Dear Stranger – your seven types of alienation seem reasonable. I haven’t been able to think of any others; will let you know when I do. What has occurred to me recently, however, is that people like us—alienated people—might have a positive function as the existential scapegoats of society.
Agnus Dei: the Scapegoat, by James Tissot
The idea came to me during a weekend spent struggling with some familiar demons. I was bemoaning the fact that my religious and sheltered childhood had hard-wired me to believe, as a default position, that the spiritual is more real than (and superior to) the material. This is the core assumption of most poets, lunatics, romantics and religious fanatics. I never had the financial resources, social support network or mental deficiency that would allow me to indulge such fancies, of course; I had to make my own way in the world and take it on in all its gross materialism.
But my upbringing disqualified me from any meaningful worldly success—the kind that results in complete, or at least sufficient, financial independence. That was the cause of my anger and depression. I felt, as I often do, that my parents had entered me in the School egg-and-spoon race and then, just before the starting gun, decided to amputate one of my legs. There are many, many people worse off than me, of course, but this is the way in which, and the extent to which, I feel frustrated with my lot.
And I am not alone. There are so many of us. We are almost a discrete social class, but most of the time we are barely visible. When we are noticed, we are usually dismissed as fringe-dwellers.
So, let’s take a step back and look at this from a broader perspective—not my subjective point of view alone, but that of a disinterested observer assessing society in the round.
Let’s assume that this observer subscribes to your Alienation Theory of History and sees our society and its existential discontents as the consequence, ultimately, of the human crisis that occurred when the hunter-gatherer lifestyle gradually gave way to settled, urban life. Society now, with the materialistically adept in charge and the spiritually adept forever on the back foot, might look like the logical outcome of such an historical evolution. In real time, with the toing and froing between these opposite poles possibly resembling a sort of Hegelian dialectic, this society might even appear to be (from the outside) a self-compensating system.
I find this idea rather interesting. What if our agonising and writing about the human condition is not just the private malady we’ve always considered it to be, but also the way in which society makes up for its materialistic excesses, even if this arrangement isn’t officially recognised and those who are perpetrating the excesses don’t give a fig about us?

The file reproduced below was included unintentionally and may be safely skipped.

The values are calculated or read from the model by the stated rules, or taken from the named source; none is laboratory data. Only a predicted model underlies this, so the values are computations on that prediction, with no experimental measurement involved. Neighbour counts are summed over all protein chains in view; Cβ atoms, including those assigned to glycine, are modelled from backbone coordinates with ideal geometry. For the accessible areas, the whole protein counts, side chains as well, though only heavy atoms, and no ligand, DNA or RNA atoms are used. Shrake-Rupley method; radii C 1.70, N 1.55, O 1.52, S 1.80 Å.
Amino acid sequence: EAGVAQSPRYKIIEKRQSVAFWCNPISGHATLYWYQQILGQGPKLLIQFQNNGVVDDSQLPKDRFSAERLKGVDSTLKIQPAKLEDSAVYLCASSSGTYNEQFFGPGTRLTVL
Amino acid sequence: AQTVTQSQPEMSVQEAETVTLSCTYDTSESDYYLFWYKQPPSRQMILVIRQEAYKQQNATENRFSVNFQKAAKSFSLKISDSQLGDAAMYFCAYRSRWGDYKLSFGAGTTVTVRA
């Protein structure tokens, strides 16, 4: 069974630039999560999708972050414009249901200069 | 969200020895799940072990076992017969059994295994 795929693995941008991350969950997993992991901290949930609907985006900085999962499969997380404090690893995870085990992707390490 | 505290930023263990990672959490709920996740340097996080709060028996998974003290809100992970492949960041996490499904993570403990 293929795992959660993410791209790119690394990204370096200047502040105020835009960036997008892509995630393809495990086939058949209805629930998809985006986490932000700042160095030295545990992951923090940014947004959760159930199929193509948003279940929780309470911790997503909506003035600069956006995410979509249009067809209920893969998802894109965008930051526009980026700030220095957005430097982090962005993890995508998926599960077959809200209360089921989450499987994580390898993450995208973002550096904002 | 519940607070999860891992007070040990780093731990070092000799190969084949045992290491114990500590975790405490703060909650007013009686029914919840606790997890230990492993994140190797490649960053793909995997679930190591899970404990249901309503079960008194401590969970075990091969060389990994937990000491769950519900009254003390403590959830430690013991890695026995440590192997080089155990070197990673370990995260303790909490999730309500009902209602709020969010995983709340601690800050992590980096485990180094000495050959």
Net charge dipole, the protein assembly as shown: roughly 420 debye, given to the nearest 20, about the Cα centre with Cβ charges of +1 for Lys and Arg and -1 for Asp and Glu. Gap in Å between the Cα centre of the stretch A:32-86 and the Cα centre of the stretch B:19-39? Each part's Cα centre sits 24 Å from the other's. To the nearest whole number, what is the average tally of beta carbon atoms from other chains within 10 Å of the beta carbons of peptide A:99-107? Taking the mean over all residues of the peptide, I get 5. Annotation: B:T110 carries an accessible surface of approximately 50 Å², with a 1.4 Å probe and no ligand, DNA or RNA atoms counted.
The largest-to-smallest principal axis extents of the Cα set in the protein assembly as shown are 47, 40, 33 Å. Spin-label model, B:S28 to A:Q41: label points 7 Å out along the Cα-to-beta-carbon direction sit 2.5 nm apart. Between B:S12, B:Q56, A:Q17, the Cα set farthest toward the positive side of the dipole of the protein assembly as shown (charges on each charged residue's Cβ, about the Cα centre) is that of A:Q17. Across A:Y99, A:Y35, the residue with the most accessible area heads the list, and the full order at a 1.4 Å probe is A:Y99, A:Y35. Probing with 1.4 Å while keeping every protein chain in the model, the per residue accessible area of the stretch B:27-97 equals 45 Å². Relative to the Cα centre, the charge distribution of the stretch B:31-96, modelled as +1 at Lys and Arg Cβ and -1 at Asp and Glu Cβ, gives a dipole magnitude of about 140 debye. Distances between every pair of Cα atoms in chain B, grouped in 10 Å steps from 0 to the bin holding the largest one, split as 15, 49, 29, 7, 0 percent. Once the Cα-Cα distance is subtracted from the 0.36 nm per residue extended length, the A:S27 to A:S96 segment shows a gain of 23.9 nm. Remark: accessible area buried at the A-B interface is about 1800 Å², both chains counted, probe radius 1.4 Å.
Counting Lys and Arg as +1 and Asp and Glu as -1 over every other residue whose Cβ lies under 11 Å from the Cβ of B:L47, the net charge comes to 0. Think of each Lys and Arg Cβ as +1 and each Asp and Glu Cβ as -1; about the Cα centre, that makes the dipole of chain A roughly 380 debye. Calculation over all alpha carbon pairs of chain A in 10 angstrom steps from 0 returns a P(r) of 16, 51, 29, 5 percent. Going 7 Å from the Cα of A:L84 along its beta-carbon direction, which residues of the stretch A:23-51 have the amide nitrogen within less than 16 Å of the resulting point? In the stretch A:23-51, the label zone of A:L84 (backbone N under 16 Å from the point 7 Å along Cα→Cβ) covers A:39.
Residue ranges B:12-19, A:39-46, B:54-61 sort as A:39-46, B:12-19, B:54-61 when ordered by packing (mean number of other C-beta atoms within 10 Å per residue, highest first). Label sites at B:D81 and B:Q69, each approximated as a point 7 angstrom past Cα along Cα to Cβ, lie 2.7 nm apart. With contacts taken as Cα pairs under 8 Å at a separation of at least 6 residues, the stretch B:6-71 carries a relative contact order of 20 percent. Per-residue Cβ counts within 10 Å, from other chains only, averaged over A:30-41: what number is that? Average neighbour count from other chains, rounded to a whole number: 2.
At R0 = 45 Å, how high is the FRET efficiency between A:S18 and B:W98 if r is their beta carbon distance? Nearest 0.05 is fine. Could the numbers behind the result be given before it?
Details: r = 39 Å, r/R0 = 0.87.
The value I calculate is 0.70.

Perhaps, like the scapegoats of the Old Testament, our role is to atone for the sins of others? We suffer to make up for the fact that they don’t.
There are dangers implicit in this idea, of course: we should be wary of developing a Messiah complex. But it’s positive in the sense that it gives us some social context and provides a link between us and those who, in their preoccupation with material concerns, are oblivious to us and the wider meaning of their lives.
One of the characteristics of the Old Wave that sets it apart from the rest of contemporary music is the depth and breadth of life experience behind the songs. That is exemplified nowhere better than on Steve Banks’ album, Ordinary Man*.
It’s Banks’ first album, but it captures a lifetime of highs and lows he’s experienced as a businessman, family man and—by no means least—a phenomenally talented singer, songwriter, guitarist and live performer.
These three quite distinct themes find expression in a fusion of blues, rock and soul which feels and sounds completely natural rather than conceptually driven.
Partly this is because of the extent to which Banks has absorbed and integrated these styles in his highly personal approach to musical self-expression. In the album’s flawless execution, it’s also a reflection of the close working relationship between Banks and his producer Jeff Burstin, former lead guitarist with the Black Sorrows and Jo Jo Zep & The Falcons.
Burstin—as his current work with Melbourne-based The Hornets attests—is a blues man through and through, and it’s the blues sensibility that helps to give the album its overall unity. The blues is quite rightly respected here as the Old Testament of modern popular music, but a willingness to infuse it with a contemporary feel makes its influence timeless rather than dated, and comes close to giving the album a classic quality.
Double trouble: Burstin (L) and Banks live in Byron Bay
There are no duff tracks and all stand tall, some very much so. The first, “The Way That It Is”, is what used to be known as a breezy little opener. It kicks off with a nail-it-down-tight drum intro followed by a brass riff that adds a touch of big-band swing which not only manages to avoid overwhelming the punchy compactness of the song but also complements Banks’ smoky vocal perfectly. It’s a classic tale of man chases woman and gets caught in his own trap (“I was in need of inspiration/She took me from behind…”) and introduces the relationships theme in a positive light.